Hyacinth, Daffodil and Gigantic Onions. January Gardening.

giant onions

Whilst my garden needs a total overhaul to cheer up the Donegan household at the start of what promises to be another great year, I thought maybe I should do something to make an even greater smile come to those who visit my home.

Don’t get me wrong I’m halfway there as my hyacinths are just peeping into flower ready to scent the house with all its glory. When that goes I will of course have my daffodils ready to come on as well and fill the kitchen with even more colour.

Mammoth Onion Growers unite (mp3)

But have you ever tried growing mammoth or giant onions ? Onions, edible and all – but – they can grow bigger than footballs and up to 15lbs in weight. Take a listen….

As a by the way hyacinth were the first ever bulb I grew at about 6 years of age. the bulb cost me 7 pence. I remember being told manure was good fertiliser. I spent ages collecting and covering that bulb in dogs doo [?]. Back to the giant onions ?

Want to give it a go….. ? Just let me know 😉

hyacinth flower donegan landscaping dublin

The Sodcast – Episode 25

sodshow, garden podcast

The Sodshow Garden Podcast – every Friday – in iTunes, all good podcast stores.

Listen to The Sodcast in MP3 – or subscribe/ listen to the podcast in iTunes. Alternatively, subscribe to the blog and listen to them right here. Missed Episode 24 of the garden podcast ?

First Up:

You can contact me in the following ways:

What happened to Episode 24 of The Sodcast in iTunes ?? I don’t honestly know. I’ve spoke to some of the finest audio people in the business and after a similar, but not as lengthy delay, as of today it still hasn’t appeared….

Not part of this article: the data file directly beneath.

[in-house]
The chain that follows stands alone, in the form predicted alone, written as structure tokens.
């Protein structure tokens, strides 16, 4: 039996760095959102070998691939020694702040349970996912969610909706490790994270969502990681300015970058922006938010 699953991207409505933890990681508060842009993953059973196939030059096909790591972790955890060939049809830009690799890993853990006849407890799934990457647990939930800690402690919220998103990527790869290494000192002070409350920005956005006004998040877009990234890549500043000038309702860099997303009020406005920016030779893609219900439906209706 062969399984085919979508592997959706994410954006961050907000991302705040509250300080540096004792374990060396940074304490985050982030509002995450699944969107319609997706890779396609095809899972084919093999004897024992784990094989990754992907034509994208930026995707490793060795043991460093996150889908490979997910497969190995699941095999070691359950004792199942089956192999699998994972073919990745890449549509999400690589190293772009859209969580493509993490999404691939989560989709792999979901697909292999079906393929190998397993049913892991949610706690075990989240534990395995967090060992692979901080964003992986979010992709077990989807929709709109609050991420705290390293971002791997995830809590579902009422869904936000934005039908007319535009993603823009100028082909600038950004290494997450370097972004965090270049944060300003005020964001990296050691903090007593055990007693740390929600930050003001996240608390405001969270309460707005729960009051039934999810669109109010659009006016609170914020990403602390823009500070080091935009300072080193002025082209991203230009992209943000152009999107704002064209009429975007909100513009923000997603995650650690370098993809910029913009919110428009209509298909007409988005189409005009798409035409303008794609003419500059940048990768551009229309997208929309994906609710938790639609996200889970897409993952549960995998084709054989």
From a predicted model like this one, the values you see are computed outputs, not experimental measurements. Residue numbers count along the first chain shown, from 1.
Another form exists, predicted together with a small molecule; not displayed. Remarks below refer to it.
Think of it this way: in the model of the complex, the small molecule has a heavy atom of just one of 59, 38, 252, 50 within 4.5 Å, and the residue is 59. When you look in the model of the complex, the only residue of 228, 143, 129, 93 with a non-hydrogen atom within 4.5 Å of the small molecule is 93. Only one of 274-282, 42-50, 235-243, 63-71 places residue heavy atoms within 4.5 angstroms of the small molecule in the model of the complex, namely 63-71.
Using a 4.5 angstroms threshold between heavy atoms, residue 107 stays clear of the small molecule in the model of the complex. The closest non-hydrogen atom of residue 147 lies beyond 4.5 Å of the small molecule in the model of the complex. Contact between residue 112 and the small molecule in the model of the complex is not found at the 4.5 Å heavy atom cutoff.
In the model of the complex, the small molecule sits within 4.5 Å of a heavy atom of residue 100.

Never mind, you can always get it here and more important than all that techie 3 pin plug jazz…

This Sunday is the Garden Groups first outing of 2011 – Personally I can’t wait 😀

Recently On The Blog:

No Rushes available ?

Links For The Podcast:


Images For The Podcast:

This Weeks Oddities:

Blacksmithing Courses, Castleview Mills, Clonakilty, Co. Cork. Tel. 087 9170301 / 087 6168032

This course is aimed at students with little or no experience of blacksmithing. Run over 2 days with the objective of making a traditional fire tongs and poker.

Using the anvil, Managing a fire, Drawing out, Scrolling, Twisting, Bending, Upsetting &  Riveting

Courses run from 9:00am to 5:00pm on the following dates:

Thurs/Fri 4th/5th Feb – Fri/Sat 18th/19th Feb – Fri/Sat 25th/26th March – Fri/Sat 15th/16th April – Fri/Sat 06th 07th May – Fri/Sat 10th/11th June

Good to hear of you again and well done especially on the garden group outings – great idea. I was out in Corkagh Park this morning and when I came back in and read about your tours – I thought why not contact Peter and remind him of South Dublin parks. There is a wonderful pet farm in Corkagh now as well as a rose garden and put and take fishery. I always wish I could stay there for a longer period.
Let me know if you need any further information
Take care
Controlling priority invasive non-native plants and restoring native biodiversity (CIRB) project – launching Tuesday February 1st – well worth a read is

The CIRB project (Controlling invasive priority non-native species and restoring native biodiversity) is funded by INTERREG IVA and is being undertaken by a partnership of Queens University Belfast, the Rivers and Fisheries Trusts of Scotland, University of Ulster and Inland Fisheries Ireland.

The project aims to demonstrate that a prioritised suite of invasive species namely, giant hogweed, rhododendron, Japanese knotweed and Himalayan balsam can be controlled or eradicated strategically on a catchment scale.  Biosecurity strategies will be developed and implemented to prevent reintroduction of these species to the catchments.  The impact of these species and the control programme on ecosystem services will also be investigated and the economic benefits of control programmes demonstrated.

CIRB will contribute to halting biodiversity loss in Ireland, Northern Ireland and western Scotland by preventing further impacts on native biodiversity by riparian invasive species through the development and demonstration of effective control methods, a programme of stakeholder engagement, research, policy development and dissemination.

The project will take place in three catchments in the border regions of Ireland (Faughan, Newry/Clanrye and Dee/Glyde) and 4 areas in Scotland (Argyll, Ayrshire, Galloway and the Tweed).

And Finally: